consider the funding priority of the service through the Clinical Priorities Advisory Group
and a process for selecting providers. Any highly specialised services that become the
commissioning responsibility of NHS England will be discussed at the Rare Disease
Advisory Group (RDAG).”

Cancer Drugs Fund (“CDF”)
 
This operates as a back up to fund treatments which you Clinical commissioning Group might not usually fund. You have to have been through the IFR process and refused (as quickly as possible) in order to be considered for the CDF. The CDF have drawn up a list of those conditions and treatments which they will consider for funding. The management of the CDF is by NHS England and operated regionally although it is has to be consistently operated across England. (page 22 of 31 at http://www.england.nhs.uk/wp-content/uploads/2013/10/comm-intent.pdf):-

“Cancer Drugs Fund
 
94. The Cancer Drugs Fund will continue during 2014 and will continue to be managed as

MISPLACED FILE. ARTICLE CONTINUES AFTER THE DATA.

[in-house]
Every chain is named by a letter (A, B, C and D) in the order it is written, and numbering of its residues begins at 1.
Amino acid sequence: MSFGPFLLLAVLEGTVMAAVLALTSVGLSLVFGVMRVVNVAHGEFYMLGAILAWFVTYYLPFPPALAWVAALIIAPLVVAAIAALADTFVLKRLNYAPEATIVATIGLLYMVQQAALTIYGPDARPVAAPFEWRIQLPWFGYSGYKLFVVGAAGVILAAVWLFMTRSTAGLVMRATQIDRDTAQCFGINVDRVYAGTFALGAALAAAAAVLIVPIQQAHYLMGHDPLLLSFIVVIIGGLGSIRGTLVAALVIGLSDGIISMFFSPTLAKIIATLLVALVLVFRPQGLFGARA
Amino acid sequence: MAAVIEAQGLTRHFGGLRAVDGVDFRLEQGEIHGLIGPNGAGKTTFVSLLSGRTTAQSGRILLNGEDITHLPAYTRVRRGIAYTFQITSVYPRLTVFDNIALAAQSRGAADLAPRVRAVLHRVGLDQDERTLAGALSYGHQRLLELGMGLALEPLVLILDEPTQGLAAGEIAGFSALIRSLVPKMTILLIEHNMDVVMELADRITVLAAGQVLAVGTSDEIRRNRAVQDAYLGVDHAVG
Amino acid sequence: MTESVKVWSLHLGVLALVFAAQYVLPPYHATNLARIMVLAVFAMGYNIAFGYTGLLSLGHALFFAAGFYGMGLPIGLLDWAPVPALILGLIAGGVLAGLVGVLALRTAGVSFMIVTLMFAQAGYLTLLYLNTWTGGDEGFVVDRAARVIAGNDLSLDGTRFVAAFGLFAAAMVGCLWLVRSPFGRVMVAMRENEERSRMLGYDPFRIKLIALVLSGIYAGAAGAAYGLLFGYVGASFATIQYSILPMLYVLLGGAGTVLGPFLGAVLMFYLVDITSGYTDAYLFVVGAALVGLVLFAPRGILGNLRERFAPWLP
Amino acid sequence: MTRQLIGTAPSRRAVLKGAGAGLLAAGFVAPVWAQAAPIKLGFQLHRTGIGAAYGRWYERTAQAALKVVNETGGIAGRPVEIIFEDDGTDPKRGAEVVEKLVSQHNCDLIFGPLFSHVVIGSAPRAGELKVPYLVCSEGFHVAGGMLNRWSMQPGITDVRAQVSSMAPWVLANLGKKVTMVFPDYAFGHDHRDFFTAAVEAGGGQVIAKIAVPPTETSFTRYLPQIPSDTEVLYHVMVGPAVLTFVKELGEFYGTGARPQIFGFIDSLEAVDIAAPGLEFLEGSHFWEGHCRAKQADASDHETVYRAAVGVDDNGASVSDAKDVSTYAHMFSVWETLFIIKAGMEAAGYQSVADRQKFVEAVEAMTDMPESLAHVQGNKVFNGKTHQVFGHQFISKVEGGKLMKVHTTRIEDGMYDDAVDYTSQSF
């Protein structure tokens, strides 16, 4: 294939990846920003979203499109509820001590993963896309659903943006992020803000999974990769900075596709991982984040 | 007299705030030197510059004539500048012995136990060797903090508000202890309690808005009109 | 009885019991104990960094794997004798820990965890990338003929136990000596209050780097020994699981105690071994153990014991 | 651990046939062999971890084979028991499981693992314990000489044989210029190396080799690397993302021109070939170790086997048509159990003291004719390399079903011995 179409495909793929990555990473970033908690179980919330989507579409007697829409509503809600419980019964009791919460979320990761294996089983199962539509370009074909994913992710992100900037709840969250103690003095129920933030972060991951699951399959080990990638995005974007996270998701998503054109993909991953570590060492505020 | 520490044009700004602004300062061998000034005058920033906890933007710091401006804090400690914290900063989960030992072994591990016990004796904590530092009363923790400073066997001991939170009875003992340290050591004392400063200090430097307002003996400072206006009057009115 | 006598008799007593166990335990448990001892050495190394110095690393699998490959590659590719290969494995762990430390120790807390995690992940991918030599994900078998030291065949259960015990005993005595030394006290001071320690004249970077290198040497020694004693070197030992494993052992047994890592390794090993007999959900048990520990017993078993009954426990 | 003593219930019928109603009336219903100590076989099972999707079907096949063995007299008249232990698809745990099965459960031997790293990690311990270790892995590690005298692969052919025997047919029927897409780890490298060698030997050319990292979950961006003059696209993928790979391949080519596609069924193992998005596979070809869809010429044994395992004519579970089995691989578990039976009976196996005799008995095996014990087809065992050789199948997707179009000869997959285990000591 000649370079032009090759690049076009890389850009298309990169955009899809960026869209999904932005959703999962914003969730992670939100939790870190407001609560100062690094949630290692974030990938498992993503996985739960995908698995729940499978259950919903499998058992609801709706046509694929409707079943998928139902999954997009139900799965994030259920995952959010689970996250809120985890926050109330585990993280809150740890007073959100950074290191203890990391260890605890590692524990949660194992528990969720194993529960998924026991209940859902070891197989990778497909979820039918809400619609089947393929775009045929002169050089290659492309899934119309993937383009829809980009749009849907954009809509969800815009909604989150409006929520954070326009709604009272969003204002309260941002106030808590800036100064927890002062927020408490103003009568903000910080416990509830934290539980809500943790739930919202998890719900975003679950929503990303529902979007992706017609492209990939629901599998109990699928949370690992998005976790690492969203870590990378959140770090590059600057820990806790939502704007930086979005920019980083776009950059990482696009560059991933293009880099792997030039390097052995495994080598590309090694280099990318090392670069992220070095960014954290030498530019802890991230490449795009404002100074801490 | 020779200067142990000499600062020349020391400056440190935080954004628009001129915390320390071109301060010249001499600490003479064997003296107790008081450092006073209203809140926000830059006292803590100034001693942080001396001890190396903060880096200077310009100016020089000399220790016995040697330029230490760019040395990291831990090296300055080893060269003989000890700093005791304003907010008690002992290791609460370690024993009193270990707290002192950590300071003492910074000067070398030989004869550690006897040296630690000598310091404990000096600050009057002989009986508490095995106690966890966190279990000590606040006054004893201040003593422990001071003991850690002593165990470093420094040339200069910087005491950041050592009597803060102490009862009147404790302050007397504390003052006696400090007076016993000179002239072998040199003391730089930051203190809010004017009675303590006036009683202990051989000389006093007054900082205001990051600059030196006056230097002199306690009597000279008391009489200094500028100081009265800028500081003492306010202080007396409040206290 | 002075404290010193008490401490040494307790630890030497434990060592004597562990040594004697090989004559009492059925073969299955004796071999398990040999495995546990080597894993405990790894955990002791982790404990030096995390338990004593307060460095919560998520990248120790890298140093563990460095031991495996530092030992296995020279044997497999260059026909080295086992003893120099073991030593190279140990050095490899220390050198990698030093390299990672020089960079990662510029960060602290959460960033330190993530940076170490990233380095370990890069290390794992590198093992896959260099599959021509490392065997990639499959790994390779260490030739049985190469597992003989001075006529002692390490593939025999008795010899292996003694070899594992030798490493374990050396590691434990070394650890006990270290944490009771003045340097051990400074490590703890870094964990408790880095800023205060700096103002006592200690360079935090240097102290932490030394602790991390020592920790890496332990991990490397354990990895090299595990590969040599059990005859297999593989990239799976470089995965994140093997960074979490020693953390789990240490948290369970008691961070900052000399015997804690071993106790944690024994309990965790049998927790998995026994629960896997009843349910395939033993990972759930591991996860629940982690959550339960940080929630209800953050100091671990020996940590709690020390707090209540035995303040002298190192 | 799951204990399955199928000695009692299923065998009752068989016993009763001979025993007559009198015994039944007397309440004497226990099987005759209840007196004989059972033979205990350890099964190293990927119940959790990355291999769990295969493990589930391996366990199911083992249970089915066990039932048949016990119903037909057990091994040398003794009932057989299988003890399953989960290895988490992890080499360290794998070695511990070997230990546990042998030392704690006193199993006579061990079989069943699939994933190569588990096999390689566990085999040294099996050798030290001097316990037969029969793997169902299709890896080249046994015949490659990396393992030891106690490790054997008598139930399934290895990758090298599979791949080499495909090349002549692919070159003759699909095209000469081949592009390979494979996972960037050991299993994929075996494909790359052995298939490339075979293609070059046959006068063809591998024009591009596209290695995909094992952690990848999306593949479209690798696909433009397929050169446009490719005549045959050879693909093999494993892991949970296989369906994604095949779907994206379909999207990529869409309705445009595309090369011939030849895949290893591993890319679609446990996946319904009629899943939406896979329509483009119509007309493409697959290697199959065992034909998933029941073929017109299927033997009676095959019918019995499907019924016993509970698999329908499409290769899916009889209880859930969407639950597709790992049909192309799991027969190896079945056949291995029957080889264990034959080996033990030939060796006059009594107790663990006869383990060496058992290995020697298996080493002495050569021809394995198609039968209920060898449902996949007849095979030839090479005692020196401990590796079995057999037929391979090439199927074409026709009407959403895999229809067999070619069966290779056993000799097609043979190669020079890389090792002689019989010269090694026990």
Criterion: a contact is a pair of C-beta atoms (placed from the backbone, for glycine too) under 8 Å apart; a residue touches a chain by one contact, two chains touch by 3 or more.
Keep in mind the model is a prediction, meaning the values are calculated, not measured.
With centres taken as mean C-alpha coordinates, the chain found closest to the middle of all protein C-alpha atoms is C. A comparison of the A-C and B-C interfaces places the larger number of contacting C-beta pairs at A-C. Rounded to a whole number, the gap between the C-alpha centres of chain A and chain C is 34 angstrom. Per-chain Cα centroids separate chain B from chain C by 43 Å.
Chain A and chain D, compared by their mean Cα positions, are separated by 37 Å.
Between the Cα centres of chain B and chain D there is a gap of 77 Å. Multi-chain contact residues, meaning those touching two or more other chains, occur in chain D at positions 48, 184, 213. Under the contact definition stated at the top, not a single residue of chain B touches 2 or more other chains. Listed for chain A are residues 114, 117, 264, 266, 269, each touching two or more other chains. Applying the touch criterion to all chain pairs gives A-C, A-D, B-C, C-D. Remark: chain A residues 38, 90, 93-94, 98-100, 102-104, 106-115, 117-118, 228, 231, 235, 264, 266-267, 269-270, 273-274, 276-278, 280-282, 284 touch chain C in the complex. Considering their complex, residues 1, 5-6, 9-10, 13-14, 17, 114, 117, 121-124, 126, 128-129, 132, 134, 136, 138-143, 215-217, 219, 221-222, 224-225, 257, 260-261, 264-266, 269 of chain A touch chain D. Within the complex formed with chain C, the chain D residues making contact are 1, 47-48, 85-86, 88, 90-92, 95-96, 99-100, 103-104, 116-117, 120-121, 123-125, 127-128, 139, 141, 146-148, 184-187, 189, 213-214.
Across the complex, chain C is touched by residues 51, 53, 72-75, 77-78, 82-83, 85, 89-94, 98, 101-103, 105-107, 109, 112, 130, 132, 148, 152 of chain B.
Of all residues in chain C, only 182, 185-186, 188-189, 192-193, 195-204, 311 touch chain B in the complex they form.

part of the prescribed services single operating model. The single national consistent
policy for the management of the Cancer Drugs Fund will continue and be refreshed
as required. This will be operationally managed on a regional footprint by four of the
area teams responsible for prescribed services.
 
95. Trusts must have a process in place to ensure that the Cancer Drugs Fund
application is made as part of the decision-making process i.e. patients should be
registered prior to the commencement of treatment, except in exceptional
circumstances, and in any event within 48 hours of commencing treatment. Failure to
do so may result in withholding of payments.
 
96. Invoices must be submitted within three months of use of the drug. All Cancer Drug
Fund drugs will be funded at cost; no additional charges will be accepted and no gain
sharing will be allowed with drugs funded via the Cancer Drugs Fund. From April
2014 the Cancer Drugs Fund audit will be undertaken from returns to the Systemic
Anti-Cancer Therapy (SACT) database. All trusts will be expected to make complete
submissions to SACT for all chemotherapy.”

Policies on treatments
 

NHS England has policies which apply to its specialised services so if your specialised treatment is not approved in those policies you will need to apply via the IFR route with NHS England. (page 19 of 31 at http://www.england.nhs.uk/wp-content/uploads/2013/10/comm-intent.pdf):-

“Implementing Commissioning Policies
 
74. NHS England commissions according to agreed policies and service specifications,